The U.S. State Department has ordered all non-essential personnel and their family members to leave Myanmar as the military’s bloody crackdown against anti-coup demonstrations continues.
"The Burmese military has detained and deposed elected government officials,” the department said in a written statement ordering the evacuations, using Myanmar’s former name. “Protests and demonstrations against military rule have occurred and are expected to continue.”
The State Department's order updates an advisory issued just last month that allowed non-emergency U.S. personnel to leave if they wanted.
Myanmar security forces have killed at least 512 civilians since the February 1 coup, according to the Assistance Association for Political Prisoners. The death toll includes more than 100 people on Saturday as the regime staged a major show of might for Armed Forces Day, which commemorates the start of local resistance to the Japanese occupation during World War II. AAPP puts Saturday’s death toll at 141.
“What has happened on the national day of armed forces was horrendous,” U.N. Secretary-General Antonio Guterres said at a news conference Monday.
Two more people were killed Tuesday as thousands of pro-democracy protesters took to the streets again. The civil disobedience movement employed another tactic as residents in Yangon threw garbage on intersections throughout the city.
Three of the country’s armed ethnic rebel groups, meanwhile, threatened the junta Tuesday with retaliation if it does not stop killing protesters.
“If they do not stop and continue to kill the people, we will cooperate with the protestors and fight back,” the Ta'ang National Liberation Army, the Myanmar Nationalities Democratic Alliance Army and the Arakan Army said in a joint statement.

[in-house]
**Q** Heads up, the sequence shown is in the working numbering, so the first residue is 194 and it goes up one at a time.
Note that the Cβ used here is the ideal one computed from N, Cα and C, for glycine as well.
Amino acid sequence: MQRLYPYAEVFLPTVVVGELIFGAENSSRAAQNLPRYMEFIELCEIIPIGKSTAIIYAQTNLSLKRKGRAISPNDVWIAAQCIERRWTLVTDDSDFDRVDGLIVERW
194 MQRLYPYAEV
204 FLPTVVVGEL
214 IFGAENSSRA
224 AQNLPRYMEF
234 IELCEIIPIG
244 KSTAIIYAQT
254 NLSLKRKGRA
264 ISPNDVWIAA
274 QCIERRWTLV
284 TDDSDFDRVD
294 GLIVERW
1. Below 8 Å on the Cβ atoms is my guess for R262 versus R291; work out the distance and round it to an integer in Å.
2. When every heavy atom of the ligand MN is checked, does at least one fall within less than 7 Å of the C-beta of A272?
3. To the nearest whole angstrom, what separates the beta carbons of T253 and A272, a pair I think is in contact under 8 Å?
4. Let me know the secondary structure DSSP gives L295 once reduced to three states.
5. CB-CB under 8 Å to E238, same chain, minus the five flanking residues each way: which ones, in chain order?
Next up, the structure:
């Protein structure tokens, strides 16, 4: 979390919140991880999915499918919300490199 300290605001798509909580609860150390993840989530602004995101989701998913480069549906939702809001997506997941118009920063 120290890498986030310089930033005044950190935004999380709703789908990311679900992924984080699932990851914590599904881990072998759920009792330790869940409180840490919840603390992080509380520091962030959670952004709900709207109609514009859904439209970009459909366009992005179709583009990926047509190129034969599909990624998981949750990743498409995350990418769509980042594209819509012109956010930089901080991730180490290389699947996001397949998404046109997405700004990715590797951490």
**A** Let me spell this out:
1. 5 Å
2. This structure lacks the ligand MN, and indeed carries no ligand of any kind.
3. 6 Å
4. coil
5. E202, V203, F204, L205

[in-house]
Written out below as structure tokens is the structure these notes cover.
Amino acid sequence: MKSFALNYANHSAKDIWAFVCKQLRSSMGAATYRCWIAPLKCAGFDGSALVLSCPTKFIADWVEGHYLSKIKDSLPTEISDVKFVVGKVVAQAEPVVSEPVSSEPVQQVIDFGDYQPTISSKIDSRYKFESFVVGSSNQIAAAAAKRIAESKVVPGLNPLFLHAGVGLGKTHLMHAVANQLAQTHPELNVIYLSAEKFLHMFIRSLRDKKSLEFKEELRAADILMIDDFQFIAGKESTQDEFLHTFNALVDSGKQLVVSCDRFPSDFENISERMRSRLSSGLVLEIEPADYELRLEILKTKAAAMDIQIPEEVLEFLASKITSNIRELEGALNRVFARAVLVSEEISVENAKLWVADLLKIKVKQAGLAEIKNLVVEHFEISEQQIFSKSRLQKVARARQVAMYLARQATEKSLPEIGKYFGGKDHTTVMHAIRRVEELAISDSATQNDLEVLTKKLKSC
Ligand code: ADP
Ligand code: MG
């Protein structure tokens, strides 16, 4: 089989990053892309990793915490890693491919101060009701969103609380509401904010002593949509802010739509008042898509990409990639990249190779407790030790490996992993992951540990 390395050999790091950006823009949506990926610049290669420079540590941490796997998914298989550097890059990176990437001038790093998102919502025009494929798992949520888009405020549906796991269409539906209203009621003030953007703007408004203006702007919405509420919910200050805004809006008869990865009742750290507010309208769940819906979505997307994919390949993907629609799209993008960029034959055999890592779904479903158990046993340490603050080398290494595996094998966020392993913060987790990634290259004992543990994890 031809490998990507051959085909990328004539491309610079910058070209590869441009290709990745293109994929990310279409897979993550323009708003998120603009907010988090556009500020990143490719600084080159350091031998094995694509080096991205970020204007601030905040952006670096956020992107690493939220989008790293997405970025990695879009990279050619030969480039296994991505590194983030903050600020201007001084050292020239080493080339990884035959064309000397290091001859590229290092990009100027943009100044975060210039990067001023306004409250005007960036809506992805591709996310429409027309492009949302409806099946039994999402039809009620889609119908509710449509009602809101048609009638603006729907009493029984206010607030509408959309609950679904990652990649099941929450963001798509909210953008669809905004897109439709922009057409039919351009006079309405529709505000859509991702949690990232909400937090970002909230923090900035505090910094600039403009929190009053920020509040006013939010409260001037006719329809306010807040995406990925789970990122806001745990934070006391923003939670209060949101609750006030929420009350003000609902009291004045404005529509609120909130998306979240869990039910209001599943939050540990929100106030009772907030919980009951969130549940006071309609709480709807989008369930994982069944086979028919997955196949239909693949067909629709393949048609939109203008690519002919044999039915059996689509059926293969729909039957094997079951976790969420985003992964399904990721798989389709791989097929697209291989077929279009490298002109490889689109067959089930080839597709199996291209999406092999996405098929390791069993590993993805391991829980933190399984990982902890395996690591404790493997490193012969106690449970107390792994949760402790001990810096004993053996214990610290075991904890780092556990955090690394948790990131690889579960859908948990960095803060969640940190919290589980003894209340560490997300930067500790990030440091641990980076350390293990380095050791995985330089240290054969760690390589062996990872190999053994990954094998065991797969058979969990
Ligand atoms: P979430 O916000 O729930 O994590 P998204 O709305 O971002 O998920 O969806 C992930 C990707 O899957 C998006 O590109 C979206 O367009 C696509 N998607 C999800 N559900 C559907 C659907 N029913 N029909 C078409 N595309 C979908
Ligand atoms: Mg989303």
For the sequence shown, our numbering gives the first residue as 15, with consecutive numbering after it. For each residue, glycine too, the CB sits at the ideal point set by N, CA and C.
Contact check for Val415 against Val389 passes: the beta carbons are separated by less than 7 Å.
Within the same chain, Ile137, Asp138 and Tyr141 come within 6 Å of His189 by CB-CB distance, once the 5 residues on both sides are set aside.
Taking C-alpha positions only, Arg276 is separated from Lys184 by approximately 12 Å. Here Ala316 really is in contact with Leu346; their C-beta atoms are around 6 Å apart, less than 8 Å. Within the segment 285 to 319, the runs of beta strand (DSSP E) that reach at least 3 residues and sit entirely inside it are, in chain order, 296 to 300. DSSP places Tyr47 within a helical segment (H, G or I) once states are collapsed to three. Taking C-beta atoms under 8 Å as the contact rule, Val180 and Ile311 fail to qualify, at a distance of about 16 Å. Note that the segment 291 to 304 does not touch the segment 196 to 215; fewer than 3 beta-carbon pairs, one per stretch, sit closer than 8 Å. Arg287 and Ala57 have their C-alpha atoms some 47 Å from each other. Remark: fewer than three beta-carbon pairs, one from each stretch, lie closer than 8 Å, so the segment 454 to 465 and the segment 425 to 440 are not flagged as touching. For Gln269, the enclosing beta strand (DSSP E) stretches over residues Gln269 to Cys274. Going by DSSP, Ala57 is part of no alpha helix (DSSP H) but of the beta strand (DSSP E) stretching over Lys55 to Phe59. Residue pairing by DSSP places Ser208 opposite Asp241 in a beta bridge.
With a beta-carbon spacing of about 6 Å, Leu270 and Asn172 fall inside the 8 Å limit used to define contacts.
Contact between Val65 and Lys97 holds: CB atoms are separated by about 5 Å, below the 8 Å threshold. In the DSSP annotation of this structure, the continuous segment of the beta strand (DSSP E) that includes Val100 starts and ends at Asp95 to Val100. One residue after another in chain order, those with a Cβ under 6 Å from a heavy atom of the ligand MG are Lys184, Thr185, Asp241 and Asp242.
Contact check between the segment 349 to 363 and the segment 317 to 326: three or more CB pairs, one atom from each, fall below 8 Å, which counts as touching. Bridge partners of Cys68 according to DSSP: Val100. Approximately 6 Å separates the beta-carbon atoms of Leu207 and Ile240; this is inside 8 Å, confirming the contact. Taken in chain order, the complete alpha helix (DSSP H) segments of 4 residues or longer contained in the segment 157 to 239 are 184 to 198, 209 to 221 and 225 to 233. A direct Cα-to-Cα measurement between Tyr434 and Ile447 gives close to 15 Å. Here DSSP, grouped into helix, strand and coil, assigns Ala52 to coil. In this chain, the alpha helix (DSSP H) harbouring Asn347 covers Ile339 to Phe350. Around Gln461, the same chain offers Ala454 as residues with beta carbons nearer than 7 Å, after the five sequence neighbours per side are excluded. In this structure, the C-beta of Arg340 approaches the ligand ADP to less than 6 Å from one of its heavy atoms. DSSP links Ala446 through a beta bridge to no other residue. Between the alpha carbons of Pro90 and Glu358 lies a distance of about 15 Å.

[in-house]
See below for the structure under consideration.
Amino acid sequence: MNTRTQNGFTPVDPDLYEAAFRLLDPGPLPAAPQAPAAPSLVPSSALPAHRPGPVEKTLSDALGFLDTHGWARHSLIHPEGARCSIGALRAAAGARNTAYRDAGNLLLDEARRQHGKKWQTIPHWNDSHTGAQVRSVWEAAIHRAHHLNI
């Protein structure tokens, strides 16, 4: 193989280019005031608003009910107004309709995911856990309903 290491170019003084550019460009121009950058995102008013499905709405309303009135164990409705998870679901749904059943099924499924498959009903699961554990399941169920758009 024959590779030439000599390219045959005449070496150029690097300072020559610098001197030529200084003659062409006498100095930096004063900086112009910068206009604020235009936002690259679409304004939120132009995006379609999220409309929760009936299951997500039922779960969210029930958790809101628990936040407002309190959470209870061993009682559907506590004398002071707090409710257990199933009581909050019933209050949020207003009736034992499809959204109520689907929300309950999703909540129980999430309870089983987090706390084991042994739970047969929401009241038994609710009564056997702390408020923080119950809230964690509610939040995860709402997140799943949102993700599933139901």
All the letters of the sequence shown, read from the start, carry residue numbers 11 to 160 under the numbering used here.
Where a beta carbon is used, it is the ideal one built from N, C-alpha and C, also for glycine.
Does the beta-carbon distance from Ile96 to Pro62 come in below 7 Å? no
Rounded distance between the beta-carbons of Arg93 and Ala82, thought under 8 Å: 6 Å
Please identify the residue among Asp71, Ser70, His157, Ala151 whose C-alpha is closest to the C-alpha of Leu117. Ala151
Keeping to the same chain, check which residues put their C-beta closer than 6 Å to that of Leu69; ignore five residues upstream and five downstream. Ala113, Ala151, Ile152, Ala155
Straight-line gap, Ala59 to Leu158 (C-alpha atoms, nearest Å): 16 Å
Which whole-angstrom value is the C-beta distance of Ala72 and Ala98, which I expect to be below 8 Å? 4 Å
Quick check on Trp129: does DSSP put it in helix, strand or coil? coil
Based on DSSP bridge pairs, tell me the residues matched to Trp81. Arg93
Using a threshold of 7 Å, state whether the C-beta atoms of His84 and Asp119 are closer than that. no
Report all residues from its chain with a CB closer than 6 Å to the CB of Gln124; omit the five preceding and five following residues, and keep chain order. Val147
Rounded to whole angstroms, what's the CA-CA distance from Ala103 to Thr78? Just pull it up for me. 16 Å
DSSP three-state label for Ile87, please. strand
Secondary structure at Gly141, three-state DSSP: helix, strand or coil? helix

The military expanded its crackdown by launching airstrikes against ethnic Karen rebels in eastern Myanmar in response to rebel attacks on military and police stations in recent days. The airstrikes prompted thousands of people to flee through the jungle and over the border into neighboring Thailand.
Thailand has denied accusations by humanitarian aid agencies that its soldiers had forced refugees to return to Myanmar.
The United Nations Security Council will hold a closed door meeting Wednesday on the situation in Myanmar. Stephane Dujarric, a spokesman for Secretary-General Guterres, told VOA’s Margaret Besheer that “what we would like to see, is a very strong and unified message from Security Council members to the military in Myanmar to go back on the actions that have taken place, to stop the violence, to release the political prisoners, to return the country to the people of Myanmar, and to push for the travel of our Special Envoy to Myanmar.”
Former de facto leader Aung San Suu Kyi's National League for Democracy (NLD) led Myanmar since its first open democratic election in 2015, but Myanmar's military contested last November's election results, claiming widespread electoral fraud, largely without evidence.
On February 1, the military removed the NLD government, detaining Suu Kyi and President Win Myint. Martial law has been imposed in townships across Myanmar.